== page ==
I was going to put a picture of an innocuous-looking centipede here,
but then it occurred to me that no matter which one I chose,
it would probably creep someone out. So I didn’t.
Anyway, I think a lot of learning to dance—and, indeed, to do almost anything physical—is like that. You don’t have to accumulate the ability to explain how you do what you do any more than a toddler has to be able to explain how she runs in order to make off with your keys so she can drop them in the toilet. How do you use chopsticks? How about a fork? A zipper? Try describing how you skip.
It’s not impossible to describe any of these things, of course—if we think about them carefully, we can describe them, though any student in a Physiotherapy or Kineseology program will tell you that it’s a lot more complicated than it sounds.
It’s not impossible to describe them, it’s just hard—and it’s hard because, in general, we don’t learn these things by thinking about them verbally, but by mucking about in our bodies until we get them down.
The best exception I can think of to the rule that physical learning tends to be, you know, physical is horsemanship: but I think, really, that’s because as a riding student, you’re learning how to give instructions to the horse as to how he should use his body as an instrument as much as, if not more than, you’re learning to use your own body as an instrument.
As such, a riding instructor teaching a student (especially in dressage) will often offer a correction that might seem ludicrously specific to a non-rider: “…More weight in your left sitz bone, and apply your left ankle at the girth and the right one a little behind the girth,” or what have you.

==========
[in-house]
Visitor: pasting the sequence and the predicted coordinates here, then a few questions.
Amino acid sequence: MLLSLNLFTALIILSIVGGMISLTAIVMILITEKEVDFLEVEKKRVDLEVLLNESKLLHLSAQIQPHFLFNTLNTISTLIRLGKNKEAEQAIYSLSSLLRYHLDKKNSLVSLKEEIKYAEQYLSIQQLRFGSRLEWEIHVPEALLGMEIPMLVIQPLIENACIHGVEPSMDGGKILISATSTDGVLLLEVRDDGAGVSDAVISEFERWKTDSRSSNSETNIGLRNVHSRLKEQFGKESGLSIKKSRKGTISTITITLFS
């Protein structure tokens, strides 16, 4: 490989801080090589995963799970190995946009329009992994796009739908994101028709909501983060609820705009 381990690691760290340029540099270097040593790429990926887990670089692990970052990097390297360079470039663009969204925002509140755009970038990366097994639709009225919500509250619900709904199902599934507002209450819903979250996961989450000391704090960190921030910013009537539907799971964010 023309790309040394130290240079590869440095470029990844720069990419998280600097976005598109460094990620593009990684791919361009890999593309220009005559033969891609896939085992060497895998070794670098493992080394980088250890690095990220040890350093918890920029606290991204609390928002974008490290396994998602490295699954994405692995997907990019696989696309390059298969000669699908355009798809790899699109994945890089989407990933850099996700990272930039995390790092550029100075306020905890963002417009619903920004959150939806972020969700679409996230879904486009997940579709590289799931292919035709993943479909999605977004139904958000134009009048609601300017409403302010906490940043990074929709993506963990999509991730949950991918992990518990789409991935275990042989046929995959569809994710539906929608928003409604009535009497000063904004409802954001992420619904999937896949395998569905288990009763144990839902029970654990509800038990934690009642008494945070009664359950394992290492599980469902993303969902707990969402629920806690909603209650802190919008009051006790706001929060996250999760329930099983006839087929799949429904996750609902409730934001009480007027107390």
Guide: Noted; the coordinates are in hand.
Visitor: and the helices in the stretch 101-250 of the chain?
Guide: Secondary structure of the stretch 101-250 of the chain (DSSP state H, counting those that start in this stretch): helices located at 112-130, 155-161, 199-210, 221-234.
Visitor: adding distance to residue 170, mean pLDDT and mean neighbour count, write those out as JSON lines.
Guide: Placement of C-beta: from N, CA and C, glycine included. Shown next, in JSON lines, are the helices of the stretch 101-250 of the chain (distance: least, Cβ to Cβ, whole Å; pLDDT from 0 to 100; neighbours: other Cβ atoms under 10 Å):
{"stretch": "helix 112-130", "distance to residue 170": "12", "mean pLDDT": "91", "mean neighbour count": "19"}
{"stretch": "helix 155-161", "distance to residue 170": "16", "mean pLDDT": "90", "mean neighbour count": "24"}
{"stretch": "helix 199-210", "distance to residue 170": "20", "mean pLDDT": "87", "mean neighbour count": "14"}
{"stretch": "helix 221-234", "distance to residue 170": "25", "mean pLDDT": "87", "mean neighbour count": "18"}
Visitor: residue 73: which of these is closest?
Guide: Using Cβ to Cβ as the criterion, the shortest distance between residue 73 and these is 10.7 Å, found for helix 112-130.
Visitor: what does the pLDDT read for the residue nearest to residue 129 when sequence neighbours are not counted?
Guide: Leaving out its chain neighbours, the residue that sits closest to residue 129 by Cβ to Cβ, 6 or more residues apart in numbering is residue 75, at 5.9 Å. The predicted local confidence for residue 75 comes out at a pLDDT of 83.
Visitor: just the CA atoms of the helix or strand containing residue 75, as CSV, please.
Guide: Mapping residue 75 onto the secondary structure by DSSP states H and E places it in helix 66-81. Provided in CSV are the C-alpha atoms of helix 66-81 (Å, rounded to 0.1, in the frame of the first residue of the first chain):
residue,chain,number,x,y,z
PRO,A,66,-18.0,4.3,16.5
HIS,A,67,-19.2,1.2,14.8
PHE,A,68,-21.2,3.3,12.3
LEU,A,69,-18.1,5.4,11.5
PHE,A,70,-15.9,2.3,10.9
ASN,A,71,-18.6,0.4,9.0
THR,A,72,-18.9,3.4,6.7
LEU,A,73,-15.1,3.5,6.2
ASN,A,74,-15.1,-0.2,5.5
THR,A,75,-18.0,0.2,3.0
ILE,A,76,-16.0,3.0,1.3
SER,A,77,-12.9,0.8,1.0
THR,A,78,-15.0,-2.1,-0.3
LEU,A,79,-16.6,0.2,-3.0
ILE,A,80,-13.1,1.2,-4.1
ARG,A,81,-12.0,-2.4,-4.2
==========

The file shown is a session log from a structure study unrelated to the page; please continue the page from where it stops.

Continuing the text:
- This isn’t, by the way, a complete set of instructions for any specific thing. It could mean a lot of things in a lot of contexts: maybe you’re asking for a lateral bend; maybe you’re light in the left sitz bone and it’s confusing your horse; maybe your riding instructor needs glasses or to lay off the sauce. The last horse I rode regularly would, if you did this basic set of things at the halt while collecting him between seat and hand, give you a nice turn on the forehand, which was really handy for opening and immediately closing gates. On the other hand, at the walk in the ring, he would toss his head like a teenage girl at a parent-teacher conference unless you collected the frack out of him all. the. time. Retired field hunters, amirite?
This isn’t to say that dance can’t be analyzed using the literate part of the mind. It can; the works of Vaganova and Tarasov demonstrate that it can (though trying to read a description of a step that’s well above your “pay grade” can be a real headache).
As a student, D really benefits from a very thorough verbal description of what he’s supposed to do with his body when it comes to dance or aerials. I find that difficult to grok. Then, he’s such a verbal thinker and I’m such a non-verbal thinker (with good translation software that sometimes crashes) that we actually find it really hard to imagine each-other’s modes of thought.